Some notes on the reading group Naturalism: Cardano, Telesio, and Bacon (Bucharest-Princeton Seminar in Early Modern Philosophy, Bran 8-13 July 2014).
Proponents: Daniel Garber, Mihnea Dobre, Doina-Cristina Rusu.
The reading group examined some of the views of Girolamo Cardano, Bernardino Telesio, and Francis Bacon. We selected passages from Cardano’s De subtilitate (book II), Telesio’s On the nature of things (chaps. 8-16), and Bacon’s Sylva (experiments 30-32, 800-830) and the Novum Organum II. From the point of view of our research project, From Natural History to Science: the emergence of experimental philosophy, this was very important as it put in comparison Bacon’s views with some of his sources. We were especially interested in exploring the views of the three philosophers with respect to spirits, qualities, principles, and elements. We discussed the relation between heat, fire, and motion. Further, we compared the nature of air and the notion of “perception” in the three philosophers, asking how this would entail more experimental possibilities.
Our discussion was framed by the cosmological views of Cardano and Telesio. In Cardano, we were interested in his tripartite division of the elements (earth, air, and water) and what would be the status of fire (seen as a quality) in this new cosmological image. Cardano’s investigation of fire and his attempt to provide new experimental techniques for studying it allowed us to raise one of the main questions of the Bucharest-Princeton Seminar; namely, what “naturalization” means? Is this a worthy concept to describe the various attempts of early modern philosophers to pursue a more systematic empirical investigation of nature?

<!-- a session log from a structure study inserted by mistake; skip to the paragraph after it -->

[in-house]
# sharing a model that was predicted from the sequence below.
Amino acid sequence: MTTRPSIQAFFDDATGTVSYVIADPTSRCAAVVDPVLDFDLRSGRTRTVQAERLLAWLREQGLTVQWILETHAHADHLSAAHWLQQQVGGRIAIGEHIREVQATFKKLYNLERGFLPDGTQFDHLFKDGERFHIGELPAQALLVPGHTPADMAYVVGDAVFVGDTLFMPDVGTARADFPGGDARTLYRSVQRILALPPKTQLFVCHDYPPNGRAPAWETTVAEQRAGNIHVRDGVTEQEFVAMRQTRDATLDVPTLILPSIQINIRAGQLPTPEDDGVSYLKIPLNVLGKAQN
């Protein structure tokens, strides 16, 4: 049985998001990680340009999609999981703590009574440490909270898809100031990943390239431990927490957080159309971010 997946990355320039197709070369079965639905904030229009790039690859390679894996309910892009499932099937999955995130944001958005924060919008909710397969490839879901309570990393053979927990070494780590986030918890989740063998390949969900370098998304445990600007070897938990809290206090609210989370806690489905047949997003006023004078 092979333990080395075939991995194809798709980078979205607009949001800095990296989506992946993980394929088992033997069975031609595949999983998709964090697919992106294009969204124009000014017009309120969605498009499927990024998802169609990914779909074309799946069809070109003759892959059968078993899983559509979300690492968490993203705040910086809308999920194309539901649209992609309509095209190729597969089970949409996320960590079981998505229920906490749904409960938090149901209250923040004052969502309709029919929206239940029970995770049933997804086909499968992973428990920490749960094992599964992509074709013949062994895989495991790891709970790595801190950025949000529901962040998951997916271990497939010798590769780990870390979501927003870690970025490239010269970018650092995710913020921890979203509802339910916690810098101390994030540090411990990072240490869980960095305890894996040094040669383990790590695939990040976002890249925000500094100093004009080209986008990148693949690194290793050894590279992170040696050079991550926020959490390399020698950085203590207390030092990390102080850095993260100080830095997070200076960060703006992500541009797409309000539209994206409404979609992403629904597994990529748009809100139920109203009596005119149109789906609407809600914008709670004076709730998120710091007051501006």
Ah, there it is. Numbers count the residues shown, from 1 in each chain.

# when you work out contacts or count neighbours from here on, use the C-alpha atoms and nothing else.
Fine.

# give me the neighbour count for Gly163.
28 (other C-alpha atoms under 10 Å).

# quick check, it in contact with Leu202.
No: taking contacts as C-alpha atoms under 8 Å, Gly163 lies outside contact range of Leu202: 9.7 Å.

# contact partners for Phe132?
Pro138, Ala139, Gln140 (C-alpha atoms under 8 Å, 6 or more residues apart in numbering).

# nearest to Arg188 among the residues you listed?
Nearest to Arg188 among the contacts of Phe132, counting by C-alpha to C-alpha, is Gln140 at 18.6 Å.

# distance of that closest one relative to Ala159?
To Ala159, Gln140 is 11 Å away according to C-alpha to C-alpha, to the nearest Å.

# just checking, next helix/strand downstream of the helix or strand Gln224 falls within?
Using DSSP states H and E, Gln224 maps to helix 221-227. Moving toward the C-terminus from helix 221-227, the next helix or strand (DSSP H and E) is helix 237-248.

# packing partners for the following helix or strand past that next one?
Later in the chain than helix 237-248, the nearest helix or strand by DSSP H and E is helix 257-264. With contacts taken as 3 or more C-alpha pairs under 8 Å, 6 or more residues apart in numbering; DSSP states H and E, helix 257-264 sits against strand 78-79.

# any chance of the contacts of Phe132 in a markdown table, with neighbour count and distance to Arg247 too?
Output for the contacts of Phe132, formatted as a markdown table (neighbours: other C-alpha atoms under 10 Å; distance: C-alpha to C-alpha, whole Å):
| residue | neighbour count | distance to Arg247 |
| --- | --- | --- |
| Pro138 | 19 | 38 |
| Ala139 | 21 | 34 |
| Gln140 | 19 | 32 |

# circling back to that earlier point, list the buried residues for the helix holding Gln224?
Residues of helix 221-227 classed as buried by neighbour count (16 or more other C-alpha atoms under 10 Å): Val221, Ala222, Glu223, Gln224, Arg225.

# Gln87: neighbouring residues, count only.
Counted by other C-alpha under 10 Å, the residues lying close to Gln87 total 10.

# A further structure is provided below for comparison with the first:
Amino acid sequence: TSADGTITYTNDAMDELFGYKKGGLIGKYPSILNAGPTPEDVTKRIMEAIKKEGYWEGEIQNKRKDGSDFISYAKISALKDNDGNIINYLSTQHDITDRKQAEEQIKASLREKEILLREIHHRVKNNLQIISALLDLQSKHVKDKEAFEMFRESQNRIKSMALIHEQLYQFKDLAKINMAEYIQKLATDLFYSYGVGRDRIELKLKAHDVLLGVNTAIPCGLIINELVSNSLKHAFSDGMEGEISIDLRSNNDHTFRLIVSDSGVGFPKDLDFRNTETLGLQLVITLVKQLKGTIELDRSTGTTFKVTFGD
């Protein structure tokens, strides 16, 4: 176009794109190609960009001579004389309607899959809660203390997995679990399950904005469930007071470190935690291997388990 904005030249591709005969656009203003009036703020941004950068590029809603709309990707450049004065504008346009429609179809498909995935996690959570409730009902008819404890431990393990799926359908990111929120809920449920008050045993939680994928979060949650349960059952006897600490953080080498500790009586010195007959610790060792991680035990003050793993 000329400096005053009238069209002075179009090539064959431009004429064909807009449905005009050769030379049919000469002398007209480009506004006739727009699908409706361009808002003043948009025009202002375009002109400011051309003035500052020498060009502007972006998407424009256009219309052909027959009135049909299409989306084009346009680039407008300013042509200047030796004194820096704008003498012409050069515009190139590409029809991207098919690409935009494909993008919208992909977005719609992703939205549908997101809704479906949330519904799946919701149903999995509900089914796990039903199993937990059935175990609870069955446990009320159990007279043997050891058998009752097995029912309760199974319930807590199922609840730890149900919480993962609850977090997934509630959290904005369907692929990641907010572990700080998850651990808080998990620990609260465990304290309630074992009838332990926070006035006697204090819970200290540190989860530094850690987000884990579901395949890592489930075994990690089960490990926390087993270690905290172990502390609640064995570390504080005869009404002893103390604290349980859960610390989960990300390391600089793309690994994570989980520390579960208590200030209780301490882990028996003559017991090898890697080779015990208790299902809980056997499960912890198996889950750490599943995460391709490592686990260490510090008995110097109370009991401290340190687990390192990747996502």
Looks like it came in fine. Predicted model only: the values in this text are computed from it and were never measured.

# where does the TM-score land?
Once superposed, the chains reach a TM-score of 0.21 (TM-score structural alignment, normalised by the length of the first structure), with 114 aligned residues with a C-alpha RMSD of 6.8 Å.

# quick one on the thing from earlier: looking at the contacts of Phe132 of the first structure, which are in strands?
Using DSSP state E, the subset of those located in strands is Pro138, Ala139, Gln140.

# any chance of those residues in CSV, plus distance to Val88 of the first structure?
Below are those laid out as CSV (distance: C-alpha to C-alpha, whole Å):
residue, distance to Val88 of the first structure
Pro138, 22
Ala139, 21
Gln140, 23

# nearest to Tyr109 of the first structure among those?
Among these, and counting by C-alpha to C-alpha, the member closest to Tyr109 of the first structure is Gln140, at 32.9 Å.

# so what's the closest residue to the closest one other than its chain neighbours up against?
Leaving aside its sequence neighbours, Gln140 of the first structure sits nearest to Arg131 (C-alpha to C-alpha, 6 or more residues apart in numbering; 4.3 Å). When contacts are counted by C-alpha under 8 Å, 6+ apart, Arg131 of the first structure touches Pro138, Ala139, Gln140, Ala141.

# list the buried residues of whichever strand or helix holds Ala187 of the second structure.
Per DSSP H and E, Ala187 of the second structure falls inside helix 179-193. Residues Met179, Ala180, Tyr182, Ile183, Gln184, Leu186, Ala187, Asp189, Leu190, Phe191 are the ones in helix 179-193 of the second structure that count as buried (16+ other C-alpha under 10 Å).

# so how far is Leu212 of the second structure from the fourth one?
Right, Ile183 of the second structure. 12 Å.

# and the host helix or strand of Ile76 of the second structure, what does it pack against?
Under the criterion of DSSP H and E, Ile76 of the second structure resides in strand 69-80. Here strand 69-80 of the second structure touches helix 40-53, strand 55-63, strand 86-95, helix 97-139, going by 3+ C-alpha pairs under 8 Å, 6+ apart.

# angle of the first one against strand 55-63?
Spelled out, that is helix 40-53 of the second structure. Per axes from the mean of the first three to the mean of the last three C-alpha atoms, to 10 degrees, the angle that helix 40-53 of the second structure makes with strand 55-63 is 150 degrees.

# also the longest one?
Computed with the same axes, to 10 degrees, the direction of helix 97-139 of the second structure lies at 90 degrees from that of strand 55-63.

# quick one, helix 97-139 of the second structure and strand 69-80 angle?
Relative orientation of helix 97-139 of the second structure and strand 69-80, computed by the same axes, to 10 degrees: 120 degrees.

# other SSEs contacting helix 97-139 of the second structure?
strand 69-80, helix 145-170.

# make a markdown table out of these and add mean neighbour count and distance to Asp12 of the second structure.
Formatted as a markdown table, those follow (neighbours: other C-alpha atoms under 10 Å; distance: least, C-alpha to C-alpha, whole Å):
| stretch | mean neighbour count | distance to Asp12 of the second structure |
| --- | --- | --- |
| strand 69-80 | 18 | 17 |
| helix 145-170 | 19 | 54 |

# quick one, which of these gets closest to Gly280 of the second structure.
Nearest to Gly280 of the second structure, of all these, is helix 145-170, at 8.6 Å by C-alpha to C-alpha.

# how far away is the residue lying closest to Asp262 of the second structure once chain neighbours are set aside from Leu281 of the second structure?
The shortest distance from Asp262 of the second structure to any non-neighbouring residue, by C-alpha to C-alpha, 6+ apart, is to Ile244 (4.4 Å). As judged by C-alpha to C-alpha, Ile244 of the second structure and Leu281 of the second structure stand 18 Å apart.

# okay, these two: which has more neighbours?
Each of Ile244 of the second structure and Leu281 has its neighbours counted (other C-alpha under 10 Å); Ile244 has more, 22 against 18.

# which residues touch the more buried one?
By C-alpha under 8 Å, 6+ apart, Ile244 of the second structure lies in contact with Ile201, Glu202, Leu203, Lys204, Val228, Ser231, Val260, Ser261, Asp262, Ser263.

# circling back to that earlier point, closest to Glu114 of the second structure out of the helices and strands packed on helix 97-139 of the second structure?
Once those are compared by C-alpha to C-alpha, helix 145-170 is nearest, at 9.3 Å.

With Telesio we turned to explore the nature of air as the intermediate medium between the sky and the earth. We addressed the problem of how heat and cold act in the world and cause all the phenomena, and we opened the question of subtlety in experimental context. This question was further addressed in the case of the passages selected from Francis Bacon. His use of the weather-glass for exploring the effects of air and heat was discussed in the selected passages. The issue of measurement and how to perform accurate observations with the instruments was singled out in our discussion.